NexSens DS9093N iButton Keychain Fob

NexSens DS9093N iButton Keychain Fob


Keychain Fobs offer a simple way to carry iButton temperature loggers. Simply snap the temperature logger into the keychain hole, and it's ready to go.


  • Each pack comes with (5) Keychain Fobs for use with multiple iButton loggers
  • Fobs can easily be attached to car keys, wall hooks, rope, etc.
  • iButton loggers can interface to the PC while still attached to the Keychain Fobs
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Why Buy From Fondriest?


This is a low cost and effective way to mount the iButton logger. The holder can then be attached to car keys, wall hooks, rope, etc. It can also be used as a convenient way to transport temperature loggers on person. When used with the DS1402 USB adapter, iButton loggers can interface to the PC without removing them from the keychain.
What's Included:
  • (5) iButton keychain fobs
Image Part # Product Description Price Stock Order
NexSens DS9093N iButton Keychain Fob DS9093N iButton keychain fob, 5 pack
Usually ships in 3-5 days

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In The News

A low-cost DIY iButton array tracks lake turnover for Missouri volunteers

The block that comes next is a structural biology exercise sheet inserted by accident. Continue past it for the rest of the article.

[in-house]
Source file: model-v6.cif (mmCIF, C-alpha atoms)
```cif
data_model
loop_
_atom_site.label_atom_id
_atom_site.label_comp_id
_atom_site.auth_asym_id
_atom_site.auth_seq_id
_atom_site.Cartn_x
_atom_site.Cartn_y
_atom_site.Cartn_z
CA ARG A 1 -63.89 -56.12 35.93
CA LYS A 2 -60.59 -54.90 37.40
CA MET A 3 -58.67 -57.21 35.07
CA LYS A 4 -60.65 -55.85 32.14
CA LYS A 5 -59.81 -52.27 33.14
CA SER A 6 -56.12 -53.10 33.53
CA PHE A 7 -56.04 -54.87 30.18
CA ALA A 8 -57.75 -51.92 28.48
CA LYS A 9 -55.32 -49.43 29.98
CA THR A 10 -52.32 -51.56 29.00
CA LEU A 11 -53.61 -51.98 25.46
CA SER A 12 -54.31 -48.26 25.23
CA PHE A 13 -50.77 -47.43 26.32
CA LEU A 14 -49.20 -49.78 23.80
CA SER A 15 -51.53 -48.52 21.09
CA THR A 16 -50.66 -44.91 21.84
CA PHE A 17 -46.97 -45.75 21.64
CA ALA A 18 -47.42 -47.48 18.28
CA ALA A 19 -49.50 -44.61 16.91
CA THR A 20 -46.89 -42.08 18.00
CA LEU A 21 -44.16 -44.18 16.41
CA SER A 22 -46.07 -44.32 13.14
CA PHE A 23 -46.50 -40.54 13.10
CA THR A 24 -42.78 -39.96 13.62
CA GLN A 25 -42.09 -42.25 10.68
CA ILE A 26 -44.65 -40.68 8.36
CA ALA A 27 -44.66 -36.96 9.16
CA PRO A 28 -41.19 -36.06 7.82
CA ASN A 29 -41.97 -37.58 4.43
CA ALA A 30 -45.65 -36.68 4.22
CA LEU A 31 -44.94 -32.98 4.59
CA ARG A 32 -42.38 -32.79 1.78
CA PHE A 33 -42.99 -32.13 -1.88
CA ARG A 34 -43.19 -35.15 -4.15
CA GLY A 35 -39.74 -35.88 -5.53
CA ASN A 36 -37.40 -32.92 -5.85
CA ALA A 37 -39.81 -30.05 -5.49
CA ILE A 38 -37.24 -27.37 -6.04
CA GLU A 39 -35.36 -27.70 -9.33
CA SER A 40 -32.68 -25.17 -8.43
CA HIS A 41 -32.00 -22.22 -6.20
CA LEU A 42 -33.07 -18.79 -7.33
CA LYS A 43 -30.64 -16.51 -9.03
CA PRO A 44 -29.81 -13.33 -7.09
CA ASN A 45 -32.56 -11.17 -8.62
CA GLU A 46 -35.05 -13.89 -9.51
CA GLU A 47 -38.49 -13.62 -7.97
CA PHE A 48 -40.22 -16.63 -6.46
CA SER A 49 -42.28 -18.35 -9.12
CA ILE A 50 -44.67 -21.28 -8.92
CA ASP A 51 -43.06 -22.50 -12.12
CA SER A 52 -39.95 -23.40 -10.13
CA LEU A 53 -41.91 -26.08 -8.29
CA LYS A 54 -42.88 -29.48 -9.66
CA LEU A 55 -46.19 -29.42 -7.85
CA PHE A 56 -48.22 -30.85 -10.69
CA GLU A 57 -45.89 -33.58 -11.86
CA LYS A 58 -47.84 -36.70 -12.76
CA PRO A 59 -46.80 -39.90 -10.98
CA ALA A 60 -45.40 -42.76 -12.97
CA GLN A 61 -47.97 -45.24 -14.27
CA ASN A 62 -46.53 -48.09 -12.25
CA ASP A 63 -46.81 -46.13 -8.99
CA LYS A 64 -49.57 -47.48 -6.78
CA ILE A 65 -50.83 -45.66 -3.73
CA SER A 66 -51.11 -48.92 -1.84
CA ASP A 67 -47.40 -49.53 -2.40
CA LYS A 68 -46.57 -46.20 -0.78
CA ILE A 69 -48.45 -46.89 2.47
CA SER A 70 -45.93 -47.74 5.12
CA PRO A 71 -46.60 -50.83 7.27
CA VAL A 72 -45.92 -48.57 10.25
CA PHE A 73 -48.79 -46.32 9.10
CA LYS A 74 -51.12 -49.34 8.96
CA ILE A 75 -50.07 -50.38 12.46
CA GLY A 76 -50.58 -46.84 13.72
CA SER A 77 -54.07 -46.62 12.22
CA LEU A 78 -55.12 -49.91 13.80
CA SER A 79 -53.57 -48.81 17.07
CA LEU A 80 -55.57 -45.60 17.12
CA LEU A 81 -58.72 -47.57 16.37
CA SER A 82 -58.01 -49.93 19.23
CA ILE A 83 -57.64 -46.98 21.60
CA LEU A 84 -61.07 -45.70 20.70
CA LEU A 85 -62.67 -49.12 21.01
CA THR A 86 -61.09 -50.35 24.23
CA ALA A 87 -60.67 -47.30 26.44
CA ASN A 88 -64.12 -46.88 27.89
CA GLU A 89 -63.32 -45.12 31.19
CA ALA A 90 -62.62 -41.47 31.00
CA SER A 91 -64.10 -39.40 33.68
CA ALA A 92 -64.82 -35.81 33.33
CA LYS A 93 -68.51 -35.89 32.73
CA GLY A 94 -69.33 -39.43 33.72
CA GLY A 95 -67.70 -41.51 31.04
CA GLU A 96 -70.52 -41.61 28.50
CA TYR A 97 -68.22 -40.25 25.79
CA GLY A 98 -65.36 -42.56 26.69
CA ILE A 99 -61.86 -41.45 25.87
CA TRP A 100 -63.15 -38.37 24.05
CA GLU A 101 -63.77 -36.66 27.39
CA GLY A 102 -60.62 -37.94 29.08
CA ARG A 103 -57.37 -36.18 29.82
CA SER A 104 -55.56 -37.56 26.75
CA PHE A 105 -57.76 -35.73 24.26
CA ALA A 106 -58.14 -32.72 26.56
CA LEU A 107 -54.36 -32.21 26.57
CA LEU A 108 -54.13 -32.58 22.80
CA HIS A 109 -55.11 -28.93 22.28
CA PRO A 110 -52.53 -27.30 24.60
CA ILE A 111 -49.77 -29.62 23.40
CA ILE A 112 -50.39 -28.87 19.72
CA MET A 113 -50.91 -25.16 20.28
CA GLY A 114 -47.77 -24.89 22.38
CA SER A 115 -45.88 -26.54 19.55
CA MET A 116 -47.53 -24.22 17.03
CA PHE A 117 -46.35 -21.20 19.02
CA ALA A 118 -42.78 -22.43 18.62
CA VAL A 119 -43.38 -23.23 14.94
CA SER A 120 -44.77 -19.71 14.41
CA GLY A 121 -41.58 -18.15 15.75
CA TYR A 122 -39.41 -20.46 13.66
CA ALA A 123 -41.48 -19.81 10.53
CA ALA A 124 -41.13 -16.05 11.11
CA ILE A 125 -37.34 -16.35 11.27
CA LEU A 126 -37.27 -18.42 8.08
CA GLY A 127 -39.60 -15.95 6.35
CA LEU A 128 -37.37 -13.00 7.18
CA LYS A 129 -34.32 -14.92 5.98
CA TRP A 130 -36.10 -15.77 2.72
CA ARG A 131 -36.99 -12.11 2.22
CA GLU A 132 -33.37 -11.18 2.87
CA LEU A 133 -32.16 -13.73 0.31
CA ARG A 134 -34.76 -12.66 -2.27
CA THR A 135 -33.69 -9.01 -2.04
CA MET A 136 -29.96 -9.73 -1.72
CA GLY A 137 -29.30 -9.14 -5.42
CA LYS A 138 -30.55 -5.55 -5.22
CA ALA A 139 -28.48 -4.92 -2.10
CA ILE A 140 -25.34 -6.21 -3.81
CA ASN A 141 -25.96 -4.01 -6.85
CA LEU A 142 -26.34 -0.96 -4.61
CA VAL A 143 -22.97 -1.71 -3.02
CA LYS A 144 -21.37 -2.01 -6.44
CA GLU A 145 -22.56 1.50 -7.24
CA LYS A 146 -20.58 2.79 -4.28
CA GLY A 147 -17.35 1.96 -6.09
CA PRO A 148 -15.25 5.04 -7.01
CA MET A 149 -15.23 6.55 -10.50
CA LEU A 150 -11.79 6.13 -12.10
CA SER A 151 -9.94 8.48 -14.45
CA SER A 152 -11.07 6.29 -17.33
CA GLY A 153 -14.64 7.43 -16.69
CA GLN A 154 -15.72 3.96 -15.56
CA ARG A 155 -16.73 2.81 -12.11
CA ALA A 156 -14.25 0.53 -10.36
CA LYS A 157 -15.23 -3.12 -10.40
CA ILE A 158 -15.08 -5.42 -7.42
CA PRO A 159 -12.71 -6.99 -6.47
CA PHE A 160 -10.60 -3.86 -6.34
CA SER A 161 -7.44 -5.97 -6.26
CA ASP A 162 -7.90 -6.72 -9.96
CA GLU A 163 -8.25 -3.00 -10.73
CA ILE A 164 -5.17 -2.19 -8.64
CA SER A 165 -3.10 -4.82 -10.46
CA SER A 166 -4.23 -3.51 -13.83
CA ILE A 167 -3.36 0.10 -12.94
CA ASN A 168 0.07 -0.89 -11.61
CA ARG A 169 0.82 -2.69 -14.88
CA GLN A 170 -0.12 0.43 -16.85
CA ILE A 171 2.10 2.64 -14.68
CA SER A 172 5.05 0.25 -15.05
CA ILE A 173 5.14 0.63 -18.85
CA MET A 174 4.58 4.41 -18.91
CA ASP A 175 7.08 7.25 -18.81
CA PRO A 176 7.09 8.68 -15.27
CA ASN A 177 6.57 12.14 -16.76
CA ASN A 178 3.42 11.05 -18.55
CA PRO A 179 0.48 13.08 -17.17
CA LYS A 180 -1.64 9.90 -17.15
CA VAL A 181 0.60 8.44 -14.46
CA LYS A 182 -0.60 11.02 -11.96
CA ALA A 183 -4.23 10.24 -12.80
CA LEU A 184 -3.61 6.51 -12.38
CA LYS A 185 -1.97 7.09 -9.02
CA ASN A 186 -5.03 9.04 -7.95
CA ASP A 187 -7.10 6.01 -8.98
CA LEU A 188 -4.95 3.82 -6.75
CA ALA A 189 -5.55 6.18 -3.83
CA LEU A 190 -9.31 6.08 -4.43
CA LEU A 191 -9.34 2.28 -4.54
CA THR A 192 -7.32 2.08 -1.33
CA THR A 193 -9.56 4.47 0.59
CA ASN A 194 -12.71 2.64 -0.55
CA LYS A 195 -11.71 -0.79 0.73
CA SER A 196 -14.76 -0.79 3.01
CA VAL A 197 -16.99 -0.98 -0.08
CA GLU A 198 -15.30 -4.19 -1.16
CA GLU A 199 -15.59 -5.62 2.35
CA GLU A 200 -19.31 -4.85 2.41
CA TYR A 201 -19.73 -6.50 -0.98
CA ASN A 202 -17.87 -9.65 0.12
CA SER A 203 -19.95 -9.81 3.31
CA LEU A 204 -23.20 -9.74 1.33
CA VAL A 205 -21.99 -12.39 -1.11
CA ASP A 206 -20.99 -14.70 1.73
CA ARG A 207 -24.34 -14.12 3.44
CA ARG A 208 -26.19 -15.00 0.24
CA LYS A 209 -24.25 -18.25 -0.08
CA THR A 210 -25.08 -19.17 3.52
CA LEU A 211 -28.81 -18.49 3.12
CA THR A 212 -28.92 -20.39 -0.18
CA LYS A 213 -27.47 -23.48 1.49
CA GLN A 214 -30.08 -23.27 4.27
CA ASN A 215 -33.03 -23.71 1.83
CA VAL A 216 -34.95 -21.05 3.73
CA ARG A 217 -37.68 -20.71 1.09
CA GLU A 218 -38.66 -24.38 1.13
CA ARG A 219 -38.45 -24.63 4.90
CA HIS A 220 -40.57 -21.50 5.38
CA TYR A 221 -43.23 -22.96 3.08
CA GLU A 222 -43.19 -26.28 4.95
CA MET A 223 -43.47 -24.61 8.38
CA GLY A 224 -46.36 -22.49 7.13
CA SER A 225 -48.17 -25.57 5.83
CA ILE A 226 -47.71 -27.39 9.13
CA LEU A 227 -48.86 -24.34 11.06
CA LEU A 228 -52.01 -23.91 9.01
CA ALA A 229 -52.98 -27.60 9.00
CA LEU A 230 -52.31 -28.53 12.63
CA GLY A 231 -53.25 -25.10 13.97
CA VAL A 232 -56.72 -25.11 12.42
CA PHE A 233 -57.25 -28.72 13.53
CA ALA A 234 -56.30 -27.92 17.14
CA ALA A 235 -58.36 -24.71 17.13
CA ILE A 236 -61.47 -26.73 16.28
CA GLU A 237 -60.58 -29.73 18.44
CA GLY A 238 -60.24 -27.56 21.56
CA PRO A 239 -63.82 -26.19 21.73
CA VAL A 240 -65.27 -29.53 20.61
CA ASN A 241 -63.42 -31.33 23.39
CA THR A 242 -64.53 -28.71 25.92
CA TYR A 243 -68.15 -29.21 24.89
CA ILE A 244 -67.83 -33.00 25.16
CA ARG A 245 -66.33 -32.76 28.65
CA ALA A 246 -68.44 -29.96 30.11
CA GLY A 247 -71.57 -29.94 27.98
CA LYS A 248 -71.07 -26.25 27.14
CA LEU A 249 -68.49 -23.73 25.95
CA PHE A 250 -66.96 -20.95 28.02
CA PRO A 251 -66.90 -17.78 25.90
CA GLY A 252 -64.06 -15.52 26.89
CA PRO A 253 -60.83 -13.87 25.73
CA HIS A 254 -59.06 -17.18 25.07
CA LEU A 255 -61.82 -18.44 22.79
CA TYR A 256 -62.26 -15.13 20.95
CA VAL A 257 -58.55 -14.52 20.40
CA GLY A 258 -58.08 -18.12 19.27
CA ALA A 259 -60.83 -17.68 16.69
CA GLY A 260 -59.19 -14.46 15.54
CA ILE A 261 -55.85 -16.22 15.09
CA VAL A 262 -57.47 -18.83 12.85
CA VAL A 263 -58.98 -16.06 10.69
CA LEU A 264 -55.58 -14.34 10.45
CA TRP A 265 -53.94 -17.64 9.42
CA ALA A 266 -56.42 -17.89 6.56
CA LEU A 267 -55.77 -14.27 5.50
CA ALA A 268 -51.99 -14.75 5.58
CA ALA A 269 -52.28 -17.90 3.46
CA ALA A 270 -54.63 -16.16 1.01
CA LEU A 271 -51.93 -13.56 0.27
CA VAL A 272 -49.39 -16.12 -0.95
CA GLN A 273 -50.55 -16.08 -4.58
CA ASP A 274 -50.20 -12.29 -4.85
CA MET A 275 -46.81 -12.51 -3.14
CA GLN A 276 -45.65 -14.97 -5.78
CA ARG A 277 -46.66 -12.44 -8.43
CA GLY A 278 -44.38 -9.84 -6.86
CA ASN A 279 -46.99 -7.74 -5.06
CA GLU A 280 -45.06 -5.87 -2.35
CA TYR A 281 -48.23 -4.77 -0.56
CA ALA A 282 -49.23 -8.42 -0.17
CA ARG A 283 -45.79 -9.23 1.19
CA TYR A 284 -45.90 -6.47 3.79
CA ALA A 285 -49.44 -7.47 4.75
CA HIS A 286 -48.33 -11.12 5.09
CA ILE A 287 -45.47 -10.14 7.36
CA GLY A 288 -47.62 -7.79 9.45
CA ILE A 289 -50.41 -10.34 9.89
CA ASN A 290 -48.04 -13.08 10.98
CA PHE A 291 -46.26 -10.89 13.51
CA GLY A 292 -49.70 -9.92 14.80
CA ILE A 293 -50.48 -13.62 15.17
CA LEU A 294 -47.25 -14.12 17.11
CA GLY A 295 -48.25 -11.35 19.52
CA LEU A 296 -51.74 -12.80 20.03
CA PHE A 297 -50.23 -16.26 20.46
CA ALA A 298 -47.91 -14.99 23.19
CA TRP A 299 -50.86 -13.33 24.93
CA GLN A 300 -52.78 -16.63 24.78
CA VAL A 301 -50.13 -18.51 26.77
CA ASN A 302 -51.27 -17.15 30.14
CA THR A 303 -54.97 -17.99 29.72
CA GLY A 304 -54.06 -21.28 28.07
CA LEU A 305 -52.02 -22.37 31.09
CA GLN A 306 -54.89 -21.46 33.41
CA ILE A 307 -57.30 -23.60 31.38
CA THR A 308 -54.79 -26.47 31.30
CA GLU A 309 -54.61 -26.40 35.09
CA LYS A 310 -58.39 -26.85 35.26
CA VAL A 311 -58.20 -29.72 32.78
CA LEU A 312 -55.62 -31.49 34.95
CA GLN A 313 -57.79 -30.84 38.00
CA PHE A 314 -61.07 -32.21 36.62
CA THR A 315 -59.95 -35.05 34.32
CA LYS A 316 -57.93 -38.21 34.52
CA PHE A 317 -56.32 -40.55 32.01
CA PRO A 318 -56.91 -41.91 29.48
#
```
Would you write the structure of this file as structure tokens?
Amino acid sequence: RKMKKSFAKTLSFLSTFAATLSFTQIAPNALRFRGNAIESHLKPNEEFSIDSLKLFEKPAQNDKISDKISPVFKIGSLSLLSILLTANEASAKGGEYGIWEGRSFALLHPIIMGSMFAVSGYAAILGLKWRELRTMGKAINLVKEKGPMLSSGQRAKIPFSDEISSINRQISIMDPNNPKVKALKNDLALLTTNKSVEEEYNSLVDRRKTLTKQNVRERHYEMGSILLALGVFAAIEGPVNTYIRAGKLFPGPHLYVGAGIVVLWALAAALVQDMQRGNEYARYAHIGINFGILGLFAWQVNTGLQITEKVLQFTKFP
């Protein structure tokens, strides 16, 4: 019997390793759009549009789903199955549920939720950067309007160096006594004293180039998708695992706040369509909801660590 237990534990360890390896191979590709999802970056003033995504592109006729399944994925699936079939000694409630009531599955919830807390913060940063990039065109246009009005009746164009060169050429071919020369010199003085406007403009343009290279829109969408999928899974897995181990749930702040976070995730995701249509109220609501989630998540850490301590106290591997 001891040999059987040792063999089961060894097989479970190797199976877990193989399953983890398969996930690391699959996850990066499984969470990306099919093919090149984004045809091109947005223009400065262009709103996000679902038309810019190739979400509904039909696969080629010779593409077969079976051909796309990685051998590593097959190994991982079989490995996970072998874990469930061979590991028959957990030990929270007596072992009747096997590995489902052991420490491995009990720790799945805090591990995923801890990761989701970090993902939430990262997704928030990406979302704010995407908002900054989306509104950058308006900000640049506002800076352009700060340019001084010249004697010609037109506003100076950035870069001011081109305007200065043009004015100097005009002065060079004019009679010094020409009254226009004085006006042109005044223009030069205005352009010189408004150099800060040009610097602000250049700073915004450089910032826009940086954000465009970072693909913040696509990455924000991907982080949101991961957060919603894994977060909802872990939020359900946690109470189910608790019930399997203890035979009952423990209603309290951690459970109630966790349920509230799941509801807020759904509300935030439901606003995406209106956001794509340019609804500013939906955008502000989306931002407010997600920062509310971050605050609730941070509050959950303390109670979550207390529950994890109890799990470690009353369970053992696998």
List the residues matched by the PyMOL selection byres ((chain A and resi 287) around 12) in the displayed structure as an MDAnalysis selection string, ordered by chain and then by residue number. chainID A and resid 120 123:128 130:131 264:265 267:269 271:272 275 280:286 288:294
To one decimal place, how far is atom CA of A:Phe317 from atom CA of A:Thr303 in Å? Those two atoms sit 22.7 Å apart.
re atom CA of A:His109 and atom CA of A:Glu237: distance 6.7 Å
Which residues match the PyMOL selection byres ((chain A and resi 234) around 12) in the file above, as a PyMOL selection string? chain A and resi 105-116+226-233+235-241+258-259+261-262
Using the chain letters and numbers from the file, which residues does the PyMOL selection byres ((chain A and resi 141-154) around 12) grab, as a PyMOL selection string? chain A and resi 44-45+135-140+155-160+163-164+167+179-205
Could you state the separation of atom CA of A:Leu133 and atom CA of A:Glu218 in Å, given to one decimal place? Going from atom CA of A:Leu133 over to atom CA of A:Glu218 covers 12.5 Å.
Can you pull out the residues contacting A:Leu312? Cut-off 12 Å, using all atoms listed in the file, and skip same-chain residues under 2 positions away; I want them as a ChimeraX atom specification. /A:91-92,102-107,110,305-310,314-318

When Howard Webb set out to monitor turnover in Whitecliff Quarry Lake, his custom-built system of temperature sensors worked perfectly. Until the muskrats showed up. Webb, a volunteer with the Lakes of Missouri Volunteer Program , devised an inexpensive array to monitor the lake in St. Louis’ Crestwood suburb. His design for looking at the effect of temperature turnover on algae cycling centered on iButtons, small metal loggers that were very reliable, but not waterproof. That meant Webb had to find an equally inexpensive way to keep them dry. The solution? Small Nalgene water bottles to hold the loggers. Muskrats, however, mistook the bottles - which became covered in algae - for food, tearing into them and flooding the iButtons. “We thought, ‘Let’s give this a try.

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Parasite Behind Yellowstone River Fish Kill Found In Other Rivers

A parasite that caused a massive fish kill in Montana’s Yellowstone River has been found in at least seven other rivers in the state, according to the Bozeman Daily Chronicle . Scientists with the Montana Fish, Wildlife and Parks department made the find. So far, the parasite has been confirmed in the upper and lower Madison, East Gallatin, Bighorn, Stillwater, and Boulder Rivers. It had already been confirmed in the Jefferson and Shields Rivers. The microscopic parasite causes proliferative kidney disease, one of the most serious diseases to impact whitefish and trout. The effect of the disease on Yellowstone’s fish populations is exacerbated by other stressors like near-record low flows, consistent high temperatures and the disturbance caused by recreational activities.

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